Green shoots? Fewer projects on hold, optimism up and unemployment down
The number of schemes being ditched or mothballed fell for the first time since May, according to new figures released this week
The new statistics coincide with the latest findings from the RIBA’s October Future Trends Survey which revealed that architects are more optimistic about their ‘commercial outlook’ for the first time since February 2010. Meanwhile the number of architects out of work has dropped from 1,275 in September to 1,220.
According to industry tracker Glenigan, 44 projects with a value of more than £100 million, were taken off ‘hold’ during October. The total of stalled schemes across all sectors now stands at 288 - down from 332 in September.
The retail sector looked the most buoyant with the number of schemes ‘on ice’ falling by almost two thirds, dropping by 15 from 24.
Economist James Abraham at Glenigan said: ‘The underlying value of construction projects placed on hold fell significantly over the last three months, compared to the same period of 2009. As the value dropped by 64 per cent, there was a similar 53 per cent fall in the number of projects being postponed.
‘Indeed, every sector saw a decline in the underlying value of projects worth less than £100 million being placed on hiatus: education, retail and private housing all experienced falls of between 70-80 per cent.’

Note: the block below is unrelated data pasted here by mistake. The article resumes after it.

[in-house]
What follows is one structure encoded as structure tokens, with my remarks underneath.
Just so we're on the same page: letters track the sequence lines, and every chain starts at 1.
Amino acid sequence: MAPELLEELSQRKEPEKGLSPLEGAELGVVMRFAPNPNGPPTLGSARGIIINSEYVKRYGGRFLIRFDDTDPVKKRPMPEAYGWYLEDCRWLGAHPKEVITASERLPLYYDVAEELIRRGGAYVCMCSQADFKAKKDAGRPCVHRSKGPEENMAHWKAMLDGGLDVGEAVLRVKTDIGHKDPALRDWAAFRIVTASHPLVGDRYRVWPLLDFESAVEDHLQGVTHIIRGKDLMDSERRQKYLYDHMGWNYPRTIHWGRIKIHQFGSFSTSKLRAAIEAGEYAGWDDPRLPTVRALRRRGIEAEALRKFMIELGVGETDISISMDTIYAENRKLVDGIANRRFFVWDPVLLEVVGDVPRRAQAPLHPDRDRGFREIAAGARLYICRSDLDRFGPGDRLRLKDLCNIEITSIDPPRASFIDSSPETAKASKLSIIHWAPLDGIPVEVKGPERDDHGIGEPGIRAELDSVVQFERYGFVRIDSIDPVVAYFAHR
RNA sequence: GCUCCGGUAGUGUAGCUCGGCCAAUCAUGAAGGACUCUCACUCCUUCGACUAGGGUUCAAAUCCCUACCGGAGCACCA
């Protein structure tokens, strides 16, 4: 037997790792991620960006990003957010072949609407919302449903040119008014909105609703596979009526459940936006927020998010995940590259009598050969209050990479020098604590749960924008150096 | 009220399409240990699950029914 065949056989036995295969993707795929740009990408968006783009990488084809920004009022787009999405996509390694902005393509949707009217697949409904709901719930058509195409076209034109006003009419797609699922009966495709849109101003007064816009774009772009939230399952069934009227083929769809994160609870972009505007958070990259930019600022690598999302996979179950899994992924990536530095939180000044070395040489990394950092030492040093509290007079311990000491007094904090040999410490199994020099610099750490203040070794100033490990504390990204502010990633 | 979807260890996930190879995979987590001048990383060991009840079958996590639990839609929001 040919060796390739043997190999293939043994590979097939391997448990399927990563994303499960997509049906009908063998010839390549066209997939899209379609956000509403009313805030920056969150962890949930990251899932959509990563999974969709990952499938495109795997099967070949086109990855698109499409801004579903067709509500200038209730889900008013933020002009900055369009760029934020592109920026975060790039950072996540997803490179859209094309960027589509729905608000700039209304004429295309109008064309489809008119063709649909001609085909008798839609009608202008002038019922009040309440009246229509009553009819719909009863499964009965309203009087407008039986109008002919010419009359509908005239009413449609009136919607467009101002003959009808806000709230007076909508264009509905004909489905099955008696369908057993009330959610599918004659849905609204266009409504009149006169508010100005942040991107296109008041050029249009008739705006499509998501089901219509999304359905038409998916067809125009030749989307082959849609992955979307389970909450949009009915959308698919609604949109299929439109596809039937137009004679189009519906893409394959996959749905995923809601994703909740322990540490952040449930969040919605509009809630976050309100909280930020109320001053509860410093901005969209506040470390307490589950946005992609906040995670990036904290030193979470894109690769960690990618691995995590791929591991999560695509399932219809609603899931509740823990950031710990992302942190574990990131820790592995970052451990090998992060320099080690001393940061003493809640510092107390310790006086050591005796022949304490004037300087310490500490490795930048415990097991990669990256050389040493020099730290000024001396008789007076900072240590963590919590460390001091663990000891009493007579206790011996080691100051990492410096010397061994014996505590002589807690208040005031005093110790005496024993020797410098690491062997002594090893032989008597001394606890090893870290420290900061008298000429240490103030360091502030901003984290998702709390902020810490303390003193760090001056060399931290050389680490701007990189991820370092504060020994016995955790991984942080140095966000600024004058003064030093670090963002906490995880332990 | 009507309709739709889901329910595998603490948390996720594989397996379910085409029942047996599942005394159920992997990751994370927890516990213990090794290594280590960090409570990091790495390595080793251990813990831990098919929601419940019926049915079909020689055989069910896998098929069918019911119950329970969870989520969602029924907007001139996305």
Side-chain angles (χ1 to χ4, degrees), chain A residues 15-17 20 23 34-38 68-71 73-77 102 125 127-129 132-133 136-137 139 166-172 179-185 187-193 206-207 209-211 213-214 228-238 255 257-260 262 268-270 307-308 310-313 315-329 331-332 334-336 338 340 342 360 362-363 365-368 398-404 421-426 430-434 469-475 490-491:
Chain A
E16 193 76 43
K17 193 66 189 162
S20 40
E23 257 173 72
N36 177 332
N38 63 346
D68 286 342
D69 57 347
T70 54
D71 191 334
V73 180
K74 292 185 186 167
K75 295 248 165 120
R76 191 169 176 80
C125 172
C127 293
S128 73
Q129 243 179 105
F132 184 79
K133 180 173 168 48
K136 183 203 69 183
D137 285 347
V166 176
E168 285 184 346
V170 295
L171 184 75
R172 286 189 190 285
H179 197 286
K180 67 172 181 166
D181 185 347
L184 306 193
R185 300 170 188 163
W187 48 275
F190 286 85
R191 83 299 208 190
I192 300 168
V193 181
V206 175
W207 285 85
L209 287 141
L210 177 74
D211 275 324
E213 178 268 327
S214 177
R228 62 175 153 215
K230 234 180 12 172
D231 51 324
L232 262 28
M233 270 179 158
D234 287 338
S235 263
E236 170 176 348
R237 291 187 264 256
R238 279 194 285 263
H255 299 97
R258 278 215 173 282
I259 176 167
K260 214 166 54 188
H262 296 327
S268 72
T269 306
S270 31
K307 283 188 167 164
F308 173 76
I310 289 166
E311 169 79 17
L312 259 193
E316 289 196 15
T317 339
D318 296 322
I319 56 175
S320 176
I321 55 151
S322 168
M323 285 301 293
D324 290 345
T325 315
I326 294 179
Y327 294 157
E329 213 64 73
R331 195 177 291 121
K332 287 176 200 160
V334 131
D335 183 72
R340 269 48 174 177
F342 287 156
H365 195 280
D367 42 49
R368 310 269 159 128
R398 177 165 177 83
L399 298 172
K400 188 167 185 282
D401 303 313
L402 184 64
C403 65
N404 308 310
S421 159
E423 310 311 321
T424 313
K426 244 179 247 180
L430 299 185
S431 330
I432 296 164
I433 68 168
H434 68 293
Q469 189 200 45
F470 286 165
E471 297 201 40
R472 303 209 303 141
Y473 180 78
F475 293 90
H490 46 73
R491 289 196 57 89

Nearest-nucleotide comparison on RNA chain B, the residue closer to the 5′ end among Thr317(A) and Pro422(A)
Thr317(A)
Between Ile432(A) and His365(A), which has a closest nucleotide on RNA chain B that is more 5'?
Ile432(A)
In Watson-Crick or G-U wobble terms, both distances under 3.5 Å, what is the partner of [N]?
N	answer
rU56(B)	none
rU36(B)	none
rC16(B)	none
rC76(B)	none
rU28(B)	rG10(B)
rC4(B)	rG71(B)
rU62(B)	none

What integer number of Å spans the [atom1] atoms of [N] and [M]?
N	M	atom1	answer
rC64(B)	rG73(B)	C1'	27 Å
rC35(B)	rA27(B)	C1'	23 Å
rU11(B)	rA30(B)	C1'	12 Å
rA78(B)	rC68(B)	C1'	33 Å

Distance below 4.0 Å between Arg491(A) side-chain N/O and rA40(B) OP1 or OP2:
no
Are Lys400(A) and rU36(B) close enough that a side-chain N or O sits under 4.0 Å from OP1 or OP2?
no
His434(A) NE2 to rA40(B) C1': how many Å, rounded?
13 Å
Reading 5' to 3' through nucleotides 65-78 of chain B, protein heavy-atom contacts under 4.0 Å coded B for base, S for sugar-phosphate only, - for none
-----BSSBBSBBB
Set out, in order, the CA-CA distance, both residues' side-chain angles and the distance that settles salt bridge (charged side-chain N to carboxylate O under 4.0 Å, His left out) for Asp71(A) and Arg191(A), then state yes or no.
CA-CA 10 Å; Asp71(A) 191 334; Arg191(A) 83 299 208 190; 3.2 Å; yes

The RIBA’s own survey backs up this increasingly encouraging outlook with the number of practices expecting ‘workload levels to decline’ dropping 6 per cent, from 34 per cent in September to 28 per cent October.
In addition 22 per cent of practices now expected workload to increase, compared to just 20 per cent in the month before.
Employment prospects for salaried architects also grew with 8 per cent of architects expecting an increase in staff in October, compared to 5 per cent in September.
Adrian Dobson, RIBA Director of Practice said: ‘The RIBA Future Trends Staffing Index for October 2010 is -8, up significantly from -14 in September. We have seen that smaller practices (balance figure -3) remain much more upbeat about future growth in staffing numbers than medium (balance figure -20) and large practices (balance figure -56).
‘London (balance figure +2) and the South of England (balance figure +12) are beginning to exhibit increased confidence levels, supported by an increase in activity in the London commercial sector, and sustained workload levels in the high-end residential markets in both London and the home counties. A number of practices have also reported optimistic signs in the leisure and retail market, and our view is that a sustained increase in activity in the key commercial sectors will be the first indicator of recovery with real momentum.
‘It is important to recognise that, whilst in terms of actual workload we have seen something in the order of a one third reduction since the peak of the boom, there remains a significant amount of on-going construction activity. Residential projects, particularly for individuals with access to private capital, who are not heavily dependent on borrowing, remains buoyant, and London in particular is seeing high levels of commissions for overseas residential property buyers. Concerns however remain about the potential impact of the planned VAT increase on domestic schemes.’